Ukrainians do not support creation of “one Local Church”

Moscow, February 8, 2017

Photo: Pravoslavie.ru Photo: Pravoslavie.ru
    

The attempts of the current Ukrainian authorities to create a single Local Ukrainian Orthodox Church do not find support from the overall population which believes that the “rhetoric of hatred” towards the Ukrainian Orthodox Church of the Moscow Patriarchate can become “a factor of destabilization in the social-political situation.” These results from human rights monitoring in Ukraine have been published on the site of the Moscow Patriarchate.

“Monitoring of the observance of constitutional human rights in Ukraine in 2016” was commissioned by an inter-factional deputy alliance of the Ukrainian parliament. According to the results of the opinion poll, 32% of respondents agreed that a single Local Church is not needed because it would limit citizens’ rights to choose their confession. 24% were against this sentiment, while 44% were undecided. The notion that the authorities and politicians should not interfere in Church matters was met with approval by 36% of respondents, and disapproval from 19%, with 46% undecided.

The report also notes a negative trend of government interference in the realm of inter-confessional relations, relations between the state and religious organizations and the guarantee of believers’ rights, stemming from their active attempt to create a single Church (although the Ukrainian constitution proclaims the separation of Church and state).

The seizure of Moscow Patriarchate churches and the beating of believers and clergy is prevalent, especially in Western Ukraine, often with the support of deputies and para-military forces, the report states. “The hate speech widely used in seizing worship sites of the Ukrainian Orthodox Church, bearing a propagandistic character, can become a factor of destabilization in the social-political situation,” the document reads.

Ukrainian president Petro Poroshenko has said that creating a single autocephalous Ukrainian Church would not limit the freedom of believers and would not change the principles of interaction between authorities and religious organizations.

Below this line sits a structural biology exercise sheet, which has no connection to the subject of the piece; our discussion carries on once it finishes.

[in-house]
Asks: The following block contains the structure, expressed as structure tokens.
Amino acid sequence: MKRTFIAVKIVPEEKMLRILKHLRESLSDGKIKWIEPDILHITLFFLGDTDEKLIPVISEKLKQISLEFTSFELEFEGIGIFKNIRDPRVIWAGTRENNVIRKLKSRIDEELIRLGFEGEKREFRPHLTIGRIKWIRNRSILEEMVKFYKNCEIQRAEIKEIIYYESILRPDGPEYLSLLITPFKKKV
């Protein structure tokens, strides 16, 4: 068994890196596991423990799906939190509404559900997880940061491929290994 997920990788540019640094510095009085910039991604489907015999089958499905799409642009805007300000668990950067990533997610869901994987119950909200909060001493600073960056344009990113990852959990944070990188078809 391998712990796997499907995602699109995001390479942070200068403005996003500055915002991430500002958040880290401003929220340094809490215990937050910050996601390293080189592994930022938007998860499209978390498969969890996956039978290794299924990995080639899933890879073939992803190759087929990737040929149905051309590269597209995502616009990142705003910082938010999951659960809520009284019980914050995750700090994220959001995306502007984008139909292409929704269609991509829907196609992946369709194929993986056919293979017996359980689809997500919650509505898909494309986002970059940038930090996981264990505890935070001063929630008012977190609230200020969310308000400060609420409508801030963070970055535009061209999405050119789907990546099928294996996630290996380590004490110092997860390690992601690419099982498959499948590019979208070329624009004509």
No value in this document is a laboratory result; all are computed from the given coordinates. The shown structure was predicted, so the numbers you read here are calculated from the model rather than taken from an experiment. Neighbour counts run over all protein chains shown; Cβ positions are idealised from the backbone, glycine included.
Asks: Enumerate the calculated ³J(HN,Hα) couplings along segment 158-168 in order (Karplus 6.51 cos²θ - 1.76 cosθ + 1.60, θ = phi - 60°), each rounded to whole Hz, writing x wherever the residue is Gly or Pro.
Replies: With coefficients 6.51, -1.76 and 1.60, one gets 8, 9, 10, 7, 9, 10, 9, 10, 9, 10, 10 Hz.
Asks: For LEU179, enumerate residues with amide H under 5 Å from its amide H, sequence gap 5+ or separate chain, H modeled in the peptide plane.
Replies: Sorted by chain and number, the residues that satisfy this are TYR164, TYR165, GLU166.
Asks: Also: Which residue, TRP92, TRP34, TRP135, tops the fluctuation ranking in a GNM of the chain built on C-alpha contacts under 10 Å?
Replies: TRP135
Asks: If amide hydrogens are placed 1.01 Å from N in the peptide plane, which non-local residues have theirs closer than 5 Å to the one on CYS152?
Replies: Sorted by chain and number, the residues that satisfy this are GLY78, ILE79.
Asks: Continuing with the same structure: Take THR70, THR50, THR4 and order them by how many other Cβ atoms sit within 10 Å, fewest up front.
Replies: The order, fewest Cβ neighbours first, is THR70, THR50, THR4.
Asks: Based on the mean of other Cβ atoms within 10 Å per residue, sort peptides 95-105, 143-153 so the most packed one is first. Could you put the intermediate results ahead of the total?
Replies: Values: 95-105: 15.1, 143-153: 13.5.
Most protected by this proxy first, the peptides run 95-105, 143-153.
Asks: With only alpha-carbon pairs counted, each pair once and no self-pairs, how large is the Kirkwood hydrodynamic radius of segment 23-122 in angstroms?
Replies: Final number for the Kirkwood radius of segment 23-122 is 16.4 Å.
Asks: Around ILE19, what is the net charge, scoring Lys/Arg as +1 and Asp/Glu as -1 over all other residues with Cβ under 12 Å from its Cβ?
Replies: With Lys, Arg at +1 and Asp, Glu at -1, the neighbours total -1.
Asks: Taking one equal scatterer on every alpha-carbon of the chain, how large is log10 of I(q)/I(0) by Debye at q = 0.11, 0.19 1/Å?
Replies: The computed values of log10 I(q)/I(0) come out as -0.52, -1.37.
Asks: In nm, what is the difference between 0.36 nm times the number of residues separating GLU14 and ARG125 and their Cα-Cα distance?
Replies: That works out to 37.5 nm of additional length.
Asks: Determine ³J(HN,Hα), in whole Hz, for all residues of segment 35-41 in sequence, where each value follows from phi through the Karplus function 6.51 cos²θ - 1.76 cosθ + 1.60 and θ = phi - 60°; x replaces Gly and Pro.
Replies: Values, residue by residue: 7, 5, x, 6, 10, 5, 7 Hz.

Ukraine currently as three “Orthodox Churches:” the canonical Ukrainian Orthodox Church under the Moscow Patriarchate, and the schismatic and uncanonical “Kievan Patriarchate” and “Ukrainian Autocephalous Orthodox Church.”

2/8/2017

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Comments
Roman2/10/2017 12:47 pm
Dear Jane, where do you live? And why are you so hate-filled towards those Ukrainian Orthodox Christians who wish to worship in a Church unaffiliated with Moscow, religiously or politically? Is that a crime? A sin? Why can they not be accorded a right enjoyed by Orthodox Christians in numerous countries throughout the world - an "independent Local" Church in an independent nation-state. Or do you refuse to recognize the independence of Ukraine? And why am I a "hothead" - because I support their right to such a choice? And what does the Union of Berest have to do with all of this? I'm sure that if the UOC-KP would have wanted to go that way it would have done so a long time ago. Ukraine is not Russia and she does not want to be part of her empire again, thank you. So, like Moses said to Pharoah: Let my people go!
Jane2/9/2017 5:33 pm
Roman, wherever you live, you sound to me like a hothead. Your comments don't make sense. If there were to be a referendum among the Orthodox and they chose (mind you, it would have to happen without any political pressure) that everyone be united under the canonical Ukrainian Orthodox Church-Moscow Patriarchate, what would you do? No comment? Would you force them to do it your way? Are you really Orthodox? Because Orthodox people know that a man cannot just declare himself patriarch. This is called schism and self-election. And then start forcing everyone to come under him. That is called criminal. it sound to me like what you want is an "Orthodox" Brest Unia, with all the bloodshed that followed it. I will not be answering any more comments from you because where you are coming from (spiritually speaking) is quite clear to me.